Incidentally, while Graham’s accomplishment was impressive, Liquid Paper wasn’t her only major invention. She also helped invent Michael Nesmith, guitarist and songwriter for The Monkees, by giving birth to him.
Scientists had known about polyvinyl chloride since 1835, but nobody could find any commercial use for the rigid, brittle material. At least not until 1926, when Alabaman Waldo Semon was all, “Yo, let’s plasticize this bitch! Science!” (We like to think that all scientists talk like Jesse from Breaking Bad.)
We’re too dumb to explain the finer points of the science, but we can explain just how important PVC is. It’s used in everything from pipes and electric cables to fetish costumes, so if you’ve ever enjoyed the services of a well-lit, well-heated BDSM club, then you’ve got Mr. Semon to thank.
Semon earned 116 patents over the course of his 100-year life (but he didn’t invent bubble gum, despite a common legend). His materials have countless commercial and industrial applications—PVC is one of the most used plastics in the world. To the layman, its biggest accomplishment is probably bringing music to the masses in the form of vinyl records, and then decades later bringing music to the smaller masses of pretentious people who think that they’re good for MP3s. It’s the invention that keeps on giving!
4. Artificial Turf
Artificial turf, the fake grass that carpets baseball and football stadiums and prompts the most tedious complaints from purists this side of the designated hitter rule, was developed by a team of North Carolina researchers lead by a man named David Chaney. It was first introduced in the Houston Astrodome because there simply wasn’t enough light for natural grass to grow, or possibly because the Astros are so terrible at baseball that their ineptitude destroys the very ground upon which they tread.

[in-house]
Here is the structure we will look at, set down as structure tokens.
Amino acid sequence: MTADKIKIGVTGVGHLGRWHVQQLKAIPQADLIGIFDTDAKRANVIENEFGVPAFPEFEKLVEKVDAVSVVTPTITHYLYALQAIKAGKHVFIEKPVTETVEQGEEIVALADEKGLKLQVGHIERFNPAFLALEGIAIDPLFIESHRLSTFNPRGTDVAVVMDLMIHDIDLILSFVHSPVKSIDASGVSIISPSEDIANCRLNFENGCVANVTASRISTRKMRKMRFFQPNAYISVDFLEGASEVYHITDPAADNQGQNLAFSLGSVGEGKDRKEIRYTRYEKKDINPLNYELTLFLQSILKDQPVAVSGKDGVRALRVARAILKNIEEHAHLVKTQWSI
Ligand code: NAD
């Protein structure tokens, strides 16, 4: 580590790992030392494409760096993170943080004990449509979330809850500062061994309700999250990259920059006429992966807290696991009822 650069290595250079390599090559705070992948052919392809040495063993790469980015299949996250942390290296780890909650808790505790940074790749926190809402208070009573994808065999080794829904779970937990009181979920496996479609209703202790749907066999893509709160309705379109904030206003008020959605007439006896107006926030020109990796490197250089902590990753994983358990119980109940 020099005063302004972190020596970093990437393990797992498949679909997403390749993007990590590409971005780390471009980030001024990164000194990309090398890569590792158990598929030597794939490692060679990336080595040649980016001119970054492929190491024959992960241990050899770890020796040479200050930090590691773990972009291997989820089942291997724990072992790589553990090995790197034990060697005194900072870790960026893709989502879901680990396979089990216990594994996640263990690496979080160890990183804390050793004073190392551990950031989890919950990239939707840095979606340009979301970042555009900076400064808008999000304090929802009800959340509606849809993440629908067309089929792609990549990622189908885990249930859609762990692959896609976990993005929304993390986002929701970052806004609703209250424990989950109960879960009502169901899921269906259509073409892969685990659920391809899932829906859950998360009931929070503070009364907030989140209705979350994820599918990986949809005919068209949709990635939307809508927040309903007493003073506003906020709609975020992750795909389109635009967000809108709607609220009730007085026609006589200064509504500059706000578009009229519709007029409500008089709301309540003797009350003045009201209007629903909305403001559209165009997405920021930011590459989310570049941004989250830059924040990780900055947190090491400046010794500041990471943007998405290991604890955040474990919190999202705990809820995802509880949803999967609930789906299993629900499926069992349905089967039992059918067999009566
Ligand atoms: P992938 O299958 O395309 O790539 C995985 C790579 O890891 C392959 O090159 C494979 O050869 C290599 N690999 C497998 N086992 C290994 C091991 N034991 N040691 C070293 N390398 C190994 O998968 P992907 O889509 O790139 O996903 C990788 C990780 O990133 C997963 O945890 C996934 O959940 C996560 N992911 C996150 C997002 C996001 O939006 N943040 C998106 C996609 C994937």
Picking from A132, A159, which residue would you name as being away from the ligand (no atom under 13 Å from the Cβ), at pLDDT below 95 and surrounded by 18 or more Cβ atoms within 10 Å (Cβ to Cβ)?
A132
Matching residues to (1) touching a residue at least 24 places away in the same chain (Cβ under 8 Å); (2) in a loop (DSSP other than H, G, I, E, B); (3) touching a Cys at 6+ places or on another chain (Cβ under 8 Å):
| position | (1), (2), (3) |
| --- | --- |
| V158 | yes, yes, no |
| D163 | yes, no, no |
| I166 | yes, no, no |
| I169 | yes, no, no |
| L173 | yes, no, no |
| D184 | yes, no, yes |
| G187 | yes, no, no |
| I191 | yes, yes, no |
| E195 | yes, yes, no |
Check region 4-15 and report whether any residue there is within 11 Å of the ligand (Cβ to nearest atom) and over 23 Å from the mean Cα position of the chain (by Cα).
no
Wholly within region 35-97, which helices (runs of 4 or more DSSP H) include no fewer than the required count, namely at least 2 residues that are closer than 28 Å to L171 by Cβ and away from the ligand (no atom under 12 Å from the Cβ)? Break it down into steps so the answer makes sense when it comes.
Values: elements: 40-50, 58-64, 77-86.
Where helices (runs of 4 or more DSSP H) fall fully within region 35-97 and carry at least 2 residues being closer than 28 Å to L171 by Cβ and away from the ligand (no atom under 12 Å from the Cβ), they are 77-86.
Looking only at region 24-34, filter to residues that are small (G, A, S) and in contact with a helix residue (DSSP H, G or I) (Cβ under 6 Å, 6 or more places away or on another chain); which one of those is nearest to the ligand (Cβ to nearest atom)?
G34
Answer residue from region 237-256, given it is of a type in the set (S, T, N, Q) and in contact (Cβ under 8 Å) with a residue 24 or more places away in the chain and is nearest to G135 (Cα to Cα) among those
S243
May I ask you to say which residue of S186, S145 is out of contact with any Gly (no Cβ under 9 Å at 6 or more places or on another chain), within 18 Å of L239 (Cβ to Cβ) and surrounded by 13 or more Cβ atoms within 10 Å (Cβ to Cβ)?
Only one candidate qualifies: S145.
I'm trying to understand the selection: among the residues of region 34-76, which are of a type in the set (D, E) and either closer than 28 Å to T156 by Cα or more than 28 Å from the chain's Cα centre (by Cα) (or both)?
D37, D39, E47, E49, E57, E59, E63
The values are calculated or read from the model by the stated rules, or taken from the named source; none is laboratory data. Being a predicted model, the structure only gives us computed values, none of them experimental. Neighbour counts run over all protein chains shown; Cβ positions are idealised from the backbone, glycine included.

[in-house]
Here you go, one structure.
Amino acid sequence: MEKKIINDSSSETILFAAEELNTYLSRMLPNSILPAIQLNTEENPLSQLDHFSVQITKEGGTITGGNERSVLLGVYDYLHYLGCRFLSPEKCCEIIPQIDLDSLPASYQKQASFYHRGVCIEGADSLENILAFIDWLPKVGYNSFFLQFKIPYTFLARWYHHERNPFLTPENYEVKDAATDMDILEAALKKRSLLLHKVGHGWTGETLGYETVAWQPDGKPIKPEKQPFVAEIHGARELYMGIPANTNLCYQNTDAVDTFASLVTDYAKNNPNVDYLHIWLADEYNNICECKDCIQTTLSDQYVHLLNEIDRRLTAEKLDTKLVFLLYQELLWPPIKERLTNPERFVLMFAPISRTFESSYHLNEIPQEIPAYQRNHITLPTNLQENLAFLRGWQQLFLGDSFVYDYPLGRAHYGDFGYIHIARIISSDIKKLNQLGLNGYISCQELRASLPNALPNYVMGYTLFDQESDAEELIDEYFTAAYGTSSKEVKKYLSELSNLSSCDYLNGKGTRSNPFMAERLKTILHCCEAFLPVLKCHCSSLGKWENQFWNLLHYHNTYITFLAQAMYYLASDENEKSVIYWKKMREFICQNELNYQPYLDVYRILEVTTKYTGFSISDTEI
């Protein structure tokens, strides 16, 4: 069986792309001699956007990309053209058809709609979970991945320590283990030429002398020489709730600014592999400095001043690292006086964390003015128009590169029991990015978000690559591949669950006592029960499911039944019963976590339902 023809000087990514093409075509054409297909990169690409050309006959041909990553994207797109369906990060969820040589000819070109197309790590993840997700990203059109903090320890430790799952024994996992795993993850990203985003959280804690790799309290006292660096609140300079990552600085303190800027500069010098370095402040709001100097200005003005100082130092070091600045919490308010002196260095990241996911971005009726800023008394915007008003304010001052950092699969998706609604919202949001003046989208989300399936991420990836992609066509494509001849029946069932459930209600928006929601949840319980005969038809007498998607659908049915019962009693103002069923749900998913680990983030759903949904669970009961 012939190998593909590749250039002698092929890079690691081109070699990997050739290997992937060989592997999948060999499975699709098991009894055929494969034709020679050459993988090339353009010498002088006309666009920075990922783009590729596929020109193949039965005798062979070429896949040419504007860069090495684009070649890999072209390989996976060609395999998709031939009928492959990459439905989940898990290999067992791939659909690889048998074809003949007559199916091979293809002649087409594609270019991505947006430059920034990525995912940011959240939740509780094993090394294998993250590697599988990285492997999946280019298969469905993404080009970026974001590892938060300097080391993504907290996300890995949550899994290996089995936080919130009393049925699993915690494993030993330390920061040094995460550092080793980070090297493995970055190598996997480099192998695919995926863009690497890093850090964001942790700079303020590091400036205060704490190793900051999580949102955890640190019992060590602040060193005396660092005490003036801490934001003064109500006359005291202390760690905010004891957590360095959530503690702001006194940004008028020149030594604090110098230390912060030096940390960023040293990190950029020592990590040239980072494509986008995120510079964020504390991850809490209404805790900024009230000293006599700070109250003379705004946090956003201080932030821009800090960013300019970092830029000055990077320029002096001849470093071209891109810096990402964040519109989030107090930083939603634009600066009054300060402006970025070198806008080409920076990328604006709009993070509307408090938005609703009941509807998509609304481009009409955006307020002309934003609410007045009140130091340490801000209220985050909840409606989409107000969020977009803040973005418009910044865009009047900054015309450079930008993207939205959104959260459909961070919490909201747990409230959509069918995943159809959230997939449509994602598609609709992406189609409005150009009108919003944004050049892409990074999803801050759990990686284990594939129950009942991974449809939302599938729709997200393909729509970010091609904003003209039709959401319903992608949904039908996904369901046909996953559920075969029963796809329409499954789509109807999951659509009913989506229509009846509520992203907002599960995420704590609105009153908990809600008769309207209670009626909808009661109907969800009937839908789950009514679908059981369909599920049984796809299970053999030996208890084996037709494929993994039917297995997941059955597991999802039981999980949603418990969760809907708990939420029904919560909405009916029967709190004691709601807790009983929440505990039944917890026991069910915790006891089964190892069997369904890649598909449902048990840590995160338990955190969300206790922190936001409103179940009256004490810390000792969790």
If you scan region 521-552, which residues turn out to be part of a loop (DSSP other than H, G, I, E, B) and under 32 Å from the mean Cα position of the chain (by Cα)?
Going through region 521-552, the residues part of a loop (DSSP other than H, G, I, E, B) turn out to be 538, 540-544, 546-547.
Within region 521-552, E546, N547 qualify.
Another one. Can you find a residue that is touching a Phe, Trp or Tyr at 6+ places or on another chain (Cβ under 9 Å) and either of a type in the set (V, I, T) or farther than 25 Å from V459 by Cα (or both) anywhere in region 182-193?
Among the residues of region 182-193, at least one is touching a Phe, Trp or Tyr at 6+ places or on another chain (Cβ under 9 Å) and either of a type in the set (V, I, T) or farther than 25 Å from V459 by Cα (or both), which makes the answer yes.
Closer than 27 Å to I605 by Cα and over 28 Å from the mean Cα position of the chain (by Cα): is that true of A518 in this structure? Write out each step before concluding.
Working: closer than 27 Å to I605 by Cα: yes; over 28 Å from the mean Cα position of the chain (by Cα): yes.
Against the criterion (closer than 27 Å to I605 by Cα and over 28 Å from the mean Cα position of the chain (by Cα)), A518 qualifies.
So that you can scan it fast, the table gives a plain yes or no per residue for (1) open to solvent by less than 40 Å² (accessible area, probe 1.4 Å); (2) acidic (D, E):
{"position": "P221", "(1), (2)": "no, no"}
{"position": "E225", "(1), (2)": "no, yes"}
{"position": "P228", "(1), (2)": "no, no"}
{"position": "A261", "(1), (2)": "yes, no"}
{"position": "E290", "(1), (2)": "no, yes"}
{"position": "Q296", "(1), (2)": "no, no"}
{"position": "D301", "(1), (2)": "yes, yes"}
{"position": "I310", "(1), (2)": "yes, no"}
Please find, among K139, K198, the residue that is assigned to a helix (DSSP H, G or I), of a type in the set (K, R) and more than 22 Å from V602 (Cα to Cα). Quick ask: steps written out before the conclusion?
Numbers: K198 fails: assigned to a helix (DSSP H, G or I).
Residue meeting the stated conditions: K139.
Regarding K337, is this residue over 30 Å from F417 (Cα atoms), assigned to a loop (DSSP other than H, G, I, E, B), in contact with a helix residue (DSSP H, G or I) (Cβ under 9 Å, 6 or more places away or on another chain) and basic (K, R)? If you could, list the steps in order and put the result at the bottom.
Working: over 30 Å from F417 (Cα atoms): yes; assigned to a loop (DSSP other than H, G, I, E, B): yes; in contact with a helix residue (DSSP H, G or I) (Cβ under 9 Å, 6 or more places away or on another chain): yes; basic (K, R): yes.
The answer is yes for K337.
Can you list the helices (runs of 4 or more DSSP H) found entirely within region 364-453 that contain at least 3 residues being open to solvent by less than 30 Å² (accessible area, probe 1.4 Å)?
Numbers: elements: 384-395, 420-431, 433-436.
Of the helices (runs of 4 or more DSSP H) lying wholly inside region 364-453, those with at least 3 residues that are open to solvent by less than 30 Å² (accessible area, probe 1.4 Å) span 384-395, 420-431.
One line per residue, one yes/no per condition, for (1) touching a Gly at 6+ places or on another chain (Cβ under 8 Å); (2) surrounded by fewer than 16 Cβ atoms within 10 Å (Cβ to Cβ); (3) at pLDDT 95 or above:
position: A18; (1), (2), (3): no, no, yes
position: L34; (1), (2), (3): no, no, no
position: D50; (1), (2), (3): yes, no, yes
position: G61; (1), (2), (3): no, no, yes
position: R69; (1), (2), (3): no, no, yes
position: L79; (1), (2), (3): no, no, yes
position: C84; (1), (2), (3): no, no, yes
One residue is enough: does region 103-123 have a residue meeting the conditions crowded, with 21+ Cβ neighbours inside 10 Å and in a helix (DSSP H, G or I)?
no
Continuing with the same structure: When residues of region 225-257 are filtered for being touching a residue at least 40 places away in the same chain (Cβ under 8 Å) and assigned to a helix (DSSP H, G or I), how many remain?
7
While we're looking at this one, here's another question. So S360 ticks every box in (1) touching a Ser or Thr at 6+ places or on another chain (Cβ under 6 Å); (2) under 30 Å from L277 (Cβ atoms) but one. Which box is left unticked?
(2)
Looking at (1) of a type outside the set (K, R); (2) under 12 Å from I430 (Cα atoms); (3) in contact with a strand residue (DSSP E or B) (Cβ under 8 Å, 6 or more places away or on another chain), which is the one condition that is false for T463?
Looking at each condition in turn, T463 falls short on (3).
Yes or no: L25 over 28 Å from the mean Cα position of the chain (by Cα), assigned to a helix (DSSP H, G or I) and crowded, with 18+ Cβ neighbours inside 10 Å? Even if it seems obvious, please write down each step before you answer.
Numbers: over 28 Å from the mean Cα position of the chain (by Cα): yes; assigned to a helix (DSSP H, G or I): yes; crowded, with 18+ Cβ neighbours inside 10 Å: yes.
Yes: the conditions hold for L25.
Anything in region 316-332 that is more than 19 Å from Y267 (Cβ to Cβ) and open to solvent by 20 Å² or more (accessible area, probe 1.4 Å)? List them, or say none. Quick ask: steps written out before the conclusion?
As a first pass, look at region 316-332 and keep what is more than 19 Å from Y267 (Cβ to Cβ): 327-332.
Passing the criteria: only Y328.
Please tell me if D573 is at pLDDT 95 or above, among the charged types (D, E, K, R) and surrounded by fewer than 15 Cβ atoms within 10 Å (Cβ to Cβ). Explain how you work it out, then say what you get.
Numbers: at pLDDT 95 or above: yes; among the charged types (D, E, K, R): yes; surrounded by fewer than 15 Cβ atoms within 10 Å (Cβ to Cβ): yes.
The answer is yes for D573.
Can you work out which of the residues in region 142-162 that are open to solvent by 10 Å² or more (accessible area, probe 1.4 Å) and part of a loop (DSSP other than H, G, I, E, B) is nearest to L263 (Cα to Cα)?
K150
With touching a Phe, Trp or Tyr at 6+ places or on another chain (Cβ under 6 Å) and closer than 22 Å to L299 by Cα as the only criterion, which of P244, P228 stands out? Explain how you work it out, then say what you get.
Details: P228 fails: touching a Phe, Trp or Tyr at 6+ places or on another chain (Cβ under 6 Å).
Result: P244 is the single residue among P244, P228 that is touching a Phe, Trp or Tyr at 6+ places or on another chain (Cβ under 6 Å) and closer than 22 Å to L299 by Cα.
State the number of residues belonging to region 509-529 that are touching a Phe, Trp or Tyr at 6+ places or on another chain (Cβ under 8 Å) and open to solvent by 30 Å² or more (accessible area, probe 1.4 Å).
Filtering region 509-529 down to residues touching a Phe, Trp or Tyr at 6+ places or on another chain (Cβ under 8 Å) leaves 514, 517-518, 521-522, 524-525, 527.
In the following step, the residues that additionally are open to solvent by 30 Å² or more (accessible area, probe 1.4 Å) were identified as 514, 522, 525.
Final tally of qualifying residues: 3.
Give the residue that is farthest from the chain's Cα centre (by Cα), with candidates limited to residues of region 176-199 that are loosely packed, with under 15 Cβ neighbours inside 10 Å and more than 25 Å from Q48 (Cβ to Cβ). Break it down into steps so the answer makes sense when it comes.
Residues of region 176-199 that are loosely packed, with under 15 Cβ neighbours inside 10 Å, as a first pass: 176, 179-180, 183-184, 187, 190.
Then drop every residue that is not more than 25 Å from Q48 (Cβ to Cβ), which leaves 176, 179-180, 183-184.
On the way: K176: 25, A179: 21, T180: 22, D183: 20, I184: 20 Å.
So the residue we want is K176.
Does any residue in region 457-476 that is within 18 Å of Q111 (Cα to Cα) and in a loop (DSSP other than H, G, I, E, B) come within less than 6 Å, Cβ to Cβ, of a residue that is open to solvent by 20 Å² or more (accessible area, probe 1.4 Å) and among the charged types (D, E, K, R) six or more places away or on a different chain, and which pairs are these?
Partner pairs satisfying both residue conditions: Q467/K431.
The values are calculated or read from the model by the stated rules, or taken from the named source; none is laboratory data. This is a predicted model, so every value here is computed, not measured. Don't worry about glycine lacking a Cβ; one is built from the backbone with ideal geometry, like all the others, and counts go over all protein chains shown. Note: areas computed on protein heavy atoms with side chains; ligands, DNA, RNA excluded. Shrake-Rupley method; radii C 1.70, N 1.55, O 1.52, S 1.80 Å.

To debate the gameplay advantages and disadvantages of artificial turf would require its own article, not to mention a two four and some ribs. But one thing’s for sure: it’s durable and allows sports to be played in areas where grass won’t grow. For example, every stadium in the Canadian Football League uses artificial turf, because North Korea will become a democracy before healthy grass grows in Canada in the middle of November.
Artificial turf has uses outside of sports, too. It can be used in landscaping in areas where water conservation and maintenance costs are concerns, or if you really just want to give your lawn that artificial glow. It’s also immensely useful at airports—rescue vehicles can drive on it without worrying about divots and holes, it keeps animals from living in areas where they could collide with planes and its bright green color serves as a useful visual contrast to runways even in the dead of winter. So up until its invention planes just crashed a lot in the winter, we guess.